Some people raise their eyebrows about legal opiates. They tend to blame the “substance” but not the “user.” Yes, these drugs are addictive, but the responsibility of taking the right dose is in the person himself. Physicians even prescribe opiates to relieve pain.
Legal opiates are also widely used for cough, diarrhea, dysentery and other illnesses. Drugs like morphine and codeine are used legally when they are prescribed based on the U.S Department of Justice Guidelines. These narcotic substances have the ability to inhibit pain, suppress appetite, and produce a sedative effect. Some studies even claim that a certain amount of opiates can substitute alcohol consumption because of its “tranquilizer effect.” People who have difficulty in sleeping sometimes resort to using legal opiates because they can induce sleep. This type of drugs surely has positive effects (of course with the proper dosage).
On the other hand, there are also quite a number of side effects linked with excessive use of opiates. Some of these are: constipation (most common), anxiety, fatigue, constricted pupils, itching, spasms, tremors, sweating, delirium, and hallucination. Some people also reported symptoms of allergic reactions like difficulty breathing, rashes, itching, and swelling. Intravenous users are at high-risk for HIV (Human Immunodeficiency Virus) and Hepatitis infection because of the direct contact through the bloodstream.
Moreover, with habitual opiate use, a person can develop addiction and tolerance which will make it hard for them to withdraw from the drug.Because of these, the person will be taking larger doses of opiates that can lead to overdose and even death. Adverse effects from chronic opiate use include: respiratory depression, cardiac arrest and coma. The lifestyle of an addicted person can also be affected because most of the users spend most of their time trying to obtain the drug. Because of this, they tend to ignore the things that were important in their lives before they even began using the substance.Interpersonal relationship, as well as friendship and families, become less important for the addicted person.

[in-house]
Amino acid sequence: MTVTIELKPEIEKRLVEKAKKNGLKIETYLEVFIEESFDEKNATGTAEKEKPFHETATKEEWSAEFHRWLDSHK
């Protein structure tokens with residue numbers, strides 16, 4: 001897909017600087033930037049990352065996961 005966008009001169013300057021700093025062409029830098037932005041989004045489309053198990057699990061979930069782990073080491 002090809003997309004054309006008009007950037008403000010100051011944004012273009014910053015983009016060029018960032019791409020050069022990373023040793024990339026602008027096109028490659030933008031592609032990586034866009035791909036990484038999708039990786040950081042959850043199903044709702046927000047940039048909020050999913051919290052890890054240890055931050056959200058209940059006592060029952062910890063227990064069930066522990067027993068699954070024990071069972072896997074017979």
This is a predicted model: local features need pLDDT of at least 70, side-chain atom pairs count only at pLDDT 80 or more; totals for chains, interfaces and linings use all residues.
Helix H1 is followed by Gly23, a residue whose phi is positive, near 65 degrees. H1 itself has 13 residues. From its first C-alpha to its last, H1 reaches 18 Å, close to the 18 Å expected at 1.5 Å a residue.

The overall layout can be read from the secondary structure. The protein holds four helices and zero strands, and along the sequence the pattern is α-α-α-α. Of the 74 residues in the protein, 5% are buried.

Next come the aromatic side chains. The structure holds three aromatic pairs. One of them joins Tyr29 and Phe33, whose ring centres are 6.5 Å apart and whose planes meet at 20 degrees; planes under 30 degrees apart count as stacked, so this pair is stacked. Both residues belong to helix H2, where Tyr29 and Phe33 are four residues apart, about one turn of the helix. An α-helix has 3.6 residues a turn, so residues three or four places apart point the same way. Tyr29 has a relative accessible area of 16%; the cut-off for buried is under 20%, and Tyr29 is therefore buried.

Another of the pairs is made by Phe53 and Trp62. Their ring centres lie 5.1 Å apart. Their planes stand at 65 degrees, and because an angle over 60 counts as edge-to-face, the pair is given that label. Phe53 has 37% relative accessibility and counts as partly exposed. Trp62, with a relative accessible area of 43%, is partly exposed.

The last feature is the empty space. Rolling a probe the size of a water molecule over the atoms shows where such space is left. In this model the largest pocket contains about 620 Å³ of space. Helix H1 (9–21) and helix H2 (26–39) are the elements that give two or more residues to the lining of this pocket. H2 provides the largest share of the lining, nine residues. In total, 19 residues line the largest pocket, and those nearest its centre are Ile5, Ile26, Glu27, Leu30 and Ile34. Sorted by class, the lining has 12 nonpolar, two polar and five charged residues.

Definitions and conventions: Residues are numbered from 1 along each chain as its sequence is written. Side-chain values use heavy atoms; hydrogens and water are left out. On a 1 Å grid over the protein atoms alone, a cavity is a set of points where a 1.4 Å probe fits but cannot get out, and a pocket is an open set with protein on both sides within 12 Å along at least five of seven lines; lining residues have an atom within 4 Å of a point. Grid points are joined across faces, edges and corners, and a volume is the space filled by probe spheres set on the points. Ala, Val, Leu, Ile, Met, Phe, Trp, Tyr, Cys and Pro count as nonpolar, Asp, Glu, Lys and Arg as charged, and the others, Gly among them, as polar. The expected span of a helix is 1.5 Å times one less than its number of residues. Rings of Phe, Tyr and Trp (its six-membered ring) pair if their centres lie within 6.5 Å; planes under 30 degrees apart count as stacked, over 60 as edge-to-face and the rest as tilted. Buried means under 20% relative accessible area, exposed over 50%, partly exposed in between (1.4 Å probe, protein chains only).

Because of the pleasurable sensations provided by opiates, consumers find it really hard to resist the temptation of getting higher doses than what they need. However, the drugs are just non-living things. They are not responsible for the addictions; the users are. If they don’t want to be addicted, they shouldn’t try it. Or maybe at least they should keep the dose to a minimum or just follow what the doctor’s prescription says.